AbbVie (NYSE: ABBV) has delivered better-than-expected performance since being spun off from parent company Abbott Labs in 2013. The company ranks at the top or near the top among big drugmakers in nearly every key metric. But the stock's dismal performance so far in 2018 underscores investors' skepticism about AbbVie's prospects.
Bill Chase, AbbVie's CFO, and Scott Brun, vice president of scientific affairs and head of AbbVie Ventures, fielded questions on Wednesday at the Morgan Stanley Healthcare Conference. Both executives were asked in different ways about what things investors could be underappreciating to some extent about AbbVie's prospects. Here are three areas you might be overlooking with AbbVie, according to Chase and Brun.
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1. The strength of its non-Humira products
It makes sense that investors focus a lot on Humira. After all, Humira remains the best-selling drug in the world and generates 63% of AbbVie's total revenue. But Scott Brun thinks that several of the company's other approved products don't get the attention they deserve.
He stated that Imbruvica and Venclexta are "transforming" the treatment of hematological malignancies. Imbruvica is already approved for six indications. AbbVie is exploring the use of the drug in several more indications. Meanwhile, Venclexta awaits regulatory approval as a first-line treatment for chronic lymphocytic leukemia (CLL) and is being evaluated in late-stage clinical studies for treating acute myeloid leukemia (AML) and multiple myeloma.
Brun also mentioned Orilissa, the first endometriosis pain drug approved in years. AbbVie is conducting a late-stage study of the drug as a treatment for uterine fibroids, an indication where Brun said the company is seeing "very high levels of efficacy." And he spent little time talking about AbbVie's latest drug to approach blockbuster status -- hepatitis C virus (HCV) therapy Mavyret.
2. The potential of its pipeline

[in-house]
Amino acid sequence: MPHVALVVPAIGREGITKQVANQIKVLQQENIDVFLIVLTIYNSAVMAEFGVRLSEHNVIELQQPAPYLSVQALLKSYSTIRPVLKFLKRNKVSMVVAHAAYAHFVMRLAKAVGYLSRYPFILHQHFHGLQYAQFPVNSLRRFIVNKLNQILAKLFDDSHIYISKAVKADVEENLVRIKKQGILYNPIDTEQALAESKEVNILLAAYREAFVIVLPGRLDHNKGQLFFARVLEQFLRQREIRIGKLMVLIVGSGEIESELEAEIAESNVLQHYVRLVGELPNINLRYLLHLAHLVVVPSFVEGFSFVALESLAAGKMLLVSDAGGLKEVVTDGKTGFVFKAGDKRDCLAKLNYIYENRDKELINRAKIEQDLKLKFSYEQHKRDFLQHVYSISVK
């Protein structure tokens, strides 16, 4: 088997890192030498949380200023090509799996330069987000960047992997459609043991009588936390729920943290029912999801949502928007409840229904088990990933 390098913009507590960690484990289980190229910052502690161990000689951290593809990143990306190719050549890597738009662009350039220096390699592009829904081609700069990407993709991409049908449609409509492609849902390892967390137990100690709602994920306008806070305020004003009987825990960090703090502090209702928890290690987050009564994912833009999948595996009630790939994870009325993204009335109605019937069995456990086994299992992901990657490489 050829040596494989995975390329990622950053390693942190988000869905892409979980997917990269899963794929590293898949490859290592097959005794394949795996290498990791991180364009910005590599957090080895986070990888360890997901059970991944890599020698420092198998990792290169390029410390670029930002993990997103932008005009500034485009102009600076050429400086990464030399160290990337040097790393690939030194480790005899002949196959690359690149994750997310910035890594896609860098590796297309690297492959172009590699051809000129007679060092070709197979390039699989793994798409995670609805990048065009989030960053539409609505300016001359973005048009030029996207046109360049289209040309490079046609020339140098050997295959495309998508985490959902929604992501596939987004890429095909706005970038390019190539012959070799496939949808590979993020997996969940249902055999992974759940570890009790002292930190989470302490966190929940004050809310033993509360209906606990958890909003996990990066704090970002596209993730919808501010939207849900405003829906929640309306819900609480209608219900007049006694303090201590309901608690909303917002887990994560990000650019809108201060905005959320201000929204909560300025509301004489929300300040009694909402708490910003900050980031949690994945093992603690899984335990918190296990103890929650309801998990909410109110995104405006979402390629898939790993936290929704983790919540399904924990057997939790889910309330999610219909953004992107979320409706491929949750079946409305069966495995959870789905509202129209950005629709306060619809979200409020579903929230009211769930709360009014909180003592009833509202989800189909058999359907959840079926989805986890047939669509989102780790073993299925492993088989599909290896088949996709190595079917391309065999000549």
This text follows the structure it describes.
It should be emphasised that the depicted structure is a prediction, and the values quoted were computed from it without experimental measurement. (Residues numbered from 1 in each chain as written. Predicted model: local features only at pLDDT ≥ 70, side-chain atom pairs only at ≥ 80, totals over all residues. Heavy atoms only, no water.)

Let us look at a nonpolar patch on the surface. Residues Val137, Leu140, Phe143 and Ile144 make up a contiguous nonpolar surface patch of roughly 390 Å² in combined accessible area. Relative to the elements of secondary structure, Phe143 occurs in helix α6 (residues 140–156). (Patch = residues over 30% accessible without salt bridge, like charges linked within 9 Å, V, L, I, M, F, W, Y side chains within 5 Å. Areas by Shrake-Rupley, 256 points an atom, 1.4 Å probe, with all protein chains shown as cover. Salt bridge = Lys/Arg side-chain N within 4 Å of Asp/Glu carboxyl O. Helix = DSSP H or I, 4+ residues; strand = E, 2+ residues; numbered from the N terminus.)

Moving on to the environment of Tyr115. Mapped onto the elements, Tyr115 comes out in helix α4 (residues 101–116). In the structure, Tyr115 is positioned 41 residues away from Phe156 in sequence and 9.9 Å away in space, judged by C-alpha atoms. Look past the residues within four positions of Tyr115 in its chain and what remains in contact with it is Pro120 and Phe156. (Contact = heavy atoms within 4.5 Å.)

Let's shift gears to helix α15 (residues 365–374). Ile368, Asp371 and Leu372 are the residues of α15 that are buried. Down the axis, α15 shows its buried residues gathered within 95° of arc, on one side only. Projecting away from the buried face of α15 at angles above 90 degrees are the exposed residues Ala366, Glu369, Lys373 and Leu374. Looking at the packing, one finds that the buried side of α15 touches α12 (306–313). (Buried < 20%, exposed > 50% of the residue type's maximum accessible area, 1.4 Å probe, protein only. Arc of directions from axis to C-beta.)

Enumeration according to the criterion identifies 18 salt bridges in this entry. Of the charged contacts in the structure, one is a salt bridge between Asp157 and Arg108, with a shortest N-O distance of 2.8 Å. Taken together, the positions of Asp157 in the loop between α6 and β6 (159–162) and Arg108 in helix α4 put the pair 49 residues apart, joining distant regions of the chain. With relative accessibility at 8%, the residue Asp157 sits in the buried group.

Bill Chase was quick to point out that AbbVie has a very diversified pipeline with multiple promising candidates. When asked which of the company's pipeline candidates are most underappreciated, the first new drugs he mentioned were risankizumab and upadacitinib.
AbbVie has already filed for FDA approval of risankizumab in treating psoriasis. Brun noted that clinical studies of the drug showed superiority over both Humira and Stelara, Johnson & Johnson's blockbuster immunology drug. He said that risankizumab achieved "the highest responses we've seen in patients with psoriasis."
Upadacitinib could be even more promising. AbbVie thinks that the drug could be at the top of its class in treating rheumatoid arthritis. The company expects to file for approval in the indication before the end of this year. With both of its potential blockbuster immunology candidates combined with approved drugs with plenty of room to run, Chase said that AbbVie feels "very comfortable" that it can deliver on its projections of $35 billion in non-Humira revenue by 2025.
3. Its resilience in a rapidly changing healthcare environment
The Trump administration has made it clear that changes are coming to the U.S. healthcare system, especially in the area of drug pricing. In AbbVie's Q2 conference call, CEO Rick Gonzalez stated that "there were probably more positives than there were negatives" for the company with the proposed changes. Chase confirmed his view that AbbVie will be resilient in the midst of a rapidly changing healthcare environment.
Chase said that AbbVie's long-range forecast built in assumptions of a tougher pricing environment in the U.S. He added, though, that price only accounted for 1% of the company's 17% operational growth in the second quarter. Chase stated that AbbVie is "fortunate" that its growth is driven by volume and not by price.
But what about the fallout from changes to eliminate rebates? Chase replied that the current proposed changes only impact Medicare, which accounts for roughly 15% of its sales. Even if rebates are removed by commercial payers, he thinks that the market will continue to use some form of volume-based contracting. As long as that's the case, according to Chase, AbbVie's business model shouldn't be impacted very much.
One extra thing not mentioned
At the beginning of his remarks, Chase said that AbbVie had been preparing for the inevitable loss of exclusivity for Humira even before its spin-off from Abbott. He stated that the company has built "one of the most attractive late-stage pipelines in the industry" to be in great shape when Humira's sales begin to wane.
Chase is right. AbbVie's pipeline was ranked No. 2 in the biopharmaceutical industry by market research firm EvaluatePharma.
But there's one other thing that investors might be overlooking about AbbVie that didn't come up in the comments at the Morgan Stanley conference. Humira's sales won't evaporate overnight. EvaluatePharma projects that Humira will remain the best-selling drug in the world all the way through 2024. That gives AbbVie plenty of time for its other drugs and its pipeline to deliver on the company's projected growth.
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Keith Speights owns shares of AbbVie. He has also provided consulting services in the past for Abbott Labs. The Motley Fool owns shares of Johnson & Johnson and has the following options: short October 2018 $135 calls on Johnson & Johnson. The Motley Fool has a disclosure policy.